I'm sure David Axlerod thinks he has this all handled but I believe History is outpacing his political calculations. If Obama smokes that Corporate Crack pipe all the residual hopey changey delusions go swirling down the electoral toilette. They will have to throw Jim Hanson and Bill Mc Kibben under the bus and face down an American Spring with riot police and tanker cars of tear gas. We got the G20 and NATO summits in Chicago ( Haymarket Square?) then the conventions in Tampa Bay and Charlotte. Forest fires and droughts and tornadoes Oh My!

The European Double-Dip contagion will make itself felt and the White House organic garden won't feed the growing food lines. The Durban protesters will have had time to talk to Bolivian piquetaros and Chiapan Zapatistas and Spanish Indignados.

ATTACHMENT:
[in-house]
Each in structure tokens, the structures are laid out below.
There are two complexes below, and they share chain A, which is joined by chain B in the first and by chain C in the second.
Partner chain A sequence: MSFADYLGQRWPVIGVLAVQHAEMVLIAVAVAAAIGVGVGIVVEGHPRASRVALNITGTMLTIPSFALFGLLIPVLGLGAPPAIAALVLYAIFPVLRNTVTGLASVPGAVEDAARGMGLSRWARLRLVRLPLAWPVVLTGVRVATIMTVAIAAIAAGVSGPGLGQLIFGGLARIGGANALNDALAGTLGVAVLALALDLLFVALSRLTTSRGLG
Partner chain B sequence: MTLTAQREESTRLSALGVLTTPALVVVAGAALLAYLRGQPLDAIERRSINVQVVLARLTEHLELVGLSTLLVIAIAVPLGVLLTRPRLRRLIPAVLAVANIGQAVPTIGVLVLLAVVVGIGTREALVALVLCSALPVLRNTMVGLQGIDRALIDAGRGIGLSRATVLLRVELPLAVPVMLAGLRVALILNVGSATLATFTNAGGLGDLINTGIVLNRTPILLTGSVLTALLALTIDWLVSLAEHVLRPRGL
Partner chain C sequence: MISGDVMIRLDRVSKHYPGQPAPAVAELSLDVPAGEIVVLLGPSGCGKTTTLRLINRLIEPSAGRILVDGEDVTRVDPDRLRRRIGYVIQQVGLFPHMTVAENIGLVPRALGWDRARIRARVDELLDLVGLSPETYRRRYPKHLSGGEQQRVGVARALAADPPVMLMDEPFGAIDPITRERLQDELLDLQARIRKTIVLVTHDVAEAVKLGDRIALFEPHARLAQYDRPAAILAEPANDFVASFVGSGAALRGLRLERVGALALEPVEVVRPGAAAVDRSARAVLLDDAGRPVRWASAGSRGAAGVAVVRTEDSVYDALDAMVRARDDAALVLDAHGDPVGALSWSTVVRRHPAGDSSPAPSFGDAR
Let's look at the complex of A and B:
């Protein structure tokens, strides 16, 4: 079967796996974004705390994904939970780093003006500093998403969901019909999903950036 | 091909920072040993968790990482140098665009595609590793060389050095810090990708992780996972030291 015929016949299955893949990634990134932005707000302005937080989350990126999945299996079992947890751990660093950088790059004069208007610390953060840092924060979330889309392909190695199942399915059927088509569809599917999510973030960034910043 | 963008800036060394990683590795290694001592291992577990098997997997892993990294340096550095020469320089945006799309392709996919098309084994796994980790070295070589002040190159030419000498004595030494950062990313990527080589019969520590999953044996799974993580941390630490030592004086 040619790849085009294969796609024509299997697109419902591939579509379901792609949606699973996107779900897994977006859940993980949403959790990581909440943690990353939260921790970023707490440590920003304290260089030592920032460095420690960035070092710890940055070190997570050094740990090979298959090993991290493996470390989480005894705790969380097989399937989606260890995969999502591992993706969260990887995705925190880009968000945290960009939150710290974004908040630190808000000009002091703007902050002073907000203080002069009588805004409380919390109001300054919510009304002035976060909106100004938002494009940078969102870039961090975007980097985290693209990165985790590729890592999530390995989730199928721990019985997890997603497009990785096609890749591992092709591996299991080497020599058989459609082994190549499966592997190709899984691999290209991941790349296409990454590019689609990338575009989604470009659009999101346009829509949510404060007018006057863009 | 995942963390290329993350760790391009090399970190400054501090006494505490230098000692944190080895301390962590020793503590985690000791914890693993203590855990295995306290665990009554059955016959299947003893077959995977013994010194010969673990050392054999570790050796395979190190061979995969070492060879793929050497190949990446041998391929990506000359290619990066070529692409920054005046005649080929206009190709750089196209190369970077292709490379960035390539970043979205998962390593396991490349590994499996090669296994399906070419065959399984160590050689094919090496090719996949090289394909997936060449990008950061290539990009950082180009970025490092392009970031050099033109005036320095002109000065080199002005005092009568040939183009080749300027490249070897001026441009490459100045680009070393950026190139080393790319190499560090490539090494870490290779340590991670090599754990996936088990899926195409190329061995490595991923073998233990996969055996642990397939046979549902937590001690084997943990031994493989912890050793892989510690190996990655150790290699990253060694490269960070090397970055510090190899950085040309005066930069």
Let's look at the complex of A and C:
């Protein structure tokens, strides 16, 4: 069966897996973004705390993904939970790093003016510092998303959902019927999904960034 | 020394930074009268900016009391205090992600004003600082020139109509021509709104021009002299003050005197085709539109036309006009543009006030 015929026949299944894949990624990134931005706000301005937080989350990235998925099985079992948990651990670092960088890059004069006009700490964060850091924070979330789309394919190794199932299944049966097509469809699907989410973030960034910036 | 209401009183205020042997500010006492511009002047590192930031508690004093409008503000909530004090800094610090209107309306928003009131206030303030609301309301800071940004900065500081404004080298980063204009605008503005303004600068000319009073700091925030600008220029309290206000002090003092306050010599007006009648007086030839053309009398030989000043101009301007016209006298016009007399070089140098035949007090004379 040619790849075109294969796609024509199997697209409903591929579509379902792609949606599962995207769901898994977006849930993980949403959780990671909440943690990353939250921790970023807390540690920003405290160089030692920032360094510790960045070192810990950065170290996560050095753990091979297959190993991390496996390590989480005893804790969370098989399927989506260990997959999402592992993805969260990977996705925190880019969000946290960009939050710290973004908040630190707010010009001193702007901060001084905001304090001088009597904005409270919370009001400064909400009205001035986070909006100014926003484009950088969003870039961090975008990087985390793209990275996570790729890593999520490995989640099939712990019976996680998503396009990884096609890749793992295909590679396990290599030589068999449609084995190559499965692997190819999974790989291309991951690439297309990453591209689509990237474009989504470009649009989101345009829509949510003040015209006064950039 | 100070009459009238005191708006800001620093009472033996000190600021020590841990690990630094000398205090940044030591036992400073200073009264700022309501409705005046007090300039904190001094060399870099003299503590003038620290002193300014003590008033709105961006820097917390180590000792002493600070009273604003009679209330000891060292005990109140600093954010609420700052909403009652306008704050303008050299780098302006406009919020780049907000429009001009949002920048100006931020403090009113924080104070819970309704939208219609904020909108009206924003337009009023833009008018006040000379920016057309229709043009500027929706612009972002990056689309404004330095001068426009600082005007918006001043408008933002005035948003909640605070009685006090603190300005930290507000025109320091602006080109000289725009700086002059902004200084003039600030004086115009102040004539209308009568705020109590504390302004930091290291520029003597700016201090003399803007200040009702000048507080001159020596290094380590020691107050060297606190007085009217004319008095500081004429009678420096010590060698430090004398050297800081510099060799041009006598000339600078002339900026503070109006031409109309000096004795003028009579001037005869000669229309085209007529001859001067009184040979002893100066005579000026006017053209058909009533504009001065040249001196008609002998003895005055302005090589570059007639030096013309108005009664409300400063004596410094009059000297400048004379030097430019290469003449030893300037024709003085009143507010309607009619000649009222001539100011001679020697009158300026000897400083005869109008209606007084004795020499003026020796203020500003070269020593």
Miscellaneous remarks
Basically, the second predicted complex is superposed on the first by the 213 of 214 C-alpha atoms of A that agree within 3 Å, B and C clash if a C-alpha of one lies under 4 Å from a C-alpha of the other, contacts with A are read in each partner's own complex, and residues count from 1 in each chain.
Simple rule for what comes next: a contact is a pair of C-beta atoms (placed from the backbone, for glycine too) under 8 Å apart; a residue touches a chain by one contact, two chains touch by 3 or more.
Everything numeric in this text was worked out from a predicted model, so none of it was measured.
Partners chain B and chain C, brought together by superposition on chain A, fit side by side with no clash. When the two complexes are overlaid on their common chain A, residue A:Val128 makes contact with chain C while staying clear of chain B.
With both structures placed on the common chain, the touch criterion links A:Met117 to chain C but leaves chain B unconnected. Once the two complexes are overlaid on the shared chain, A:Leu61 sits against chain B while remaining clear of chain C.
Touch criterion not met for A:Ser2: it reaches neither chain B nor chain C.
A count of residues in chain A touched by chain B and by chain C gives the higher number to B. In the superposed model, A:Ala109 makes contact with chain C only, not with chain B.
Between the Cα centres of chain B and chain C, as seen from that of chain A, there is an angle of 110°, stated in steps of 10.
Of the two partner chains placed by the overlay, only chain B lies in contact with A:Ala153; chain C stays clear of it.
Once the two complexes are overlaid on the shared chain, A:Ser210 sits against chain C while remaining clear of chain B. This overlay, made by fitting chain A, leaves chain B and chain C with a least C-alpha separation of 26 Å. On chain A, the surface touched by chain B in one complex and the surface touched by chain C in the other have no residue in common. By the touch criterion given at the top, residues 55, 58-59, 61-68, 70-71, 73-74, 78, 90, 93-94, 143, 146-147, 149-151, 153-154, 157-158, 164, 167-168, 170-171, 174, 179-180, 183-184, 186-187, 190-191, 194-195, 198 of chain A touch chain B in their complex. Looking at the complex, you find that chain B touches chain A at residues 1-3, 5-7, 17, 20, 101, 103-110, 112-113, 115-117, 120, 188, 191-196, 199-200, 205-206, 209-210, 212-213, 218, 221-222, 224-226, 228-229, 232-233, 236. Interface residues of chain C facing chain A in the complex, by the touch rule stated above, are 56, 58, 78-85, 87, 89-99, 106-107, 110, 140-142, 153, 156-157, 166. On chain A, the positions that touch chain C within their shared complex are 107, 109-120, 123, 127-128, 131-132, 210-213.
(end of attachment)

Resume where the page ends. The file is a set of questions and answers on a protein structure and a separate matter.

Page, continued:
"Well the gamblin man is rich
while the workin man is poor
and I ain't got no home in the world anymore." Woody Guthrie

This all means that there will be PLENTY to occupy. The Postal Service, coal fired power plants and train loads headed to China, the Veterans Administration (vets will be looking for work, perhaps camping out in D.C.?), ICE and the INS, not to mention Wall Street, Main Street and K Street. Penultimate Pipeline Percept?

Thursday, December 15, 2011

Human Rights

Obama's proclamation on the Declaration of Human Rights Day:

"All people should live free from the threat of extrajudicial killing, torture, oppression and discrimination, regardless of gender, race, religion, nationality, sexual orientation, or physical or mental disability,"

Yesterday he ended the war in Iraq by saying We don't invade others for resources, "we do it because it is right."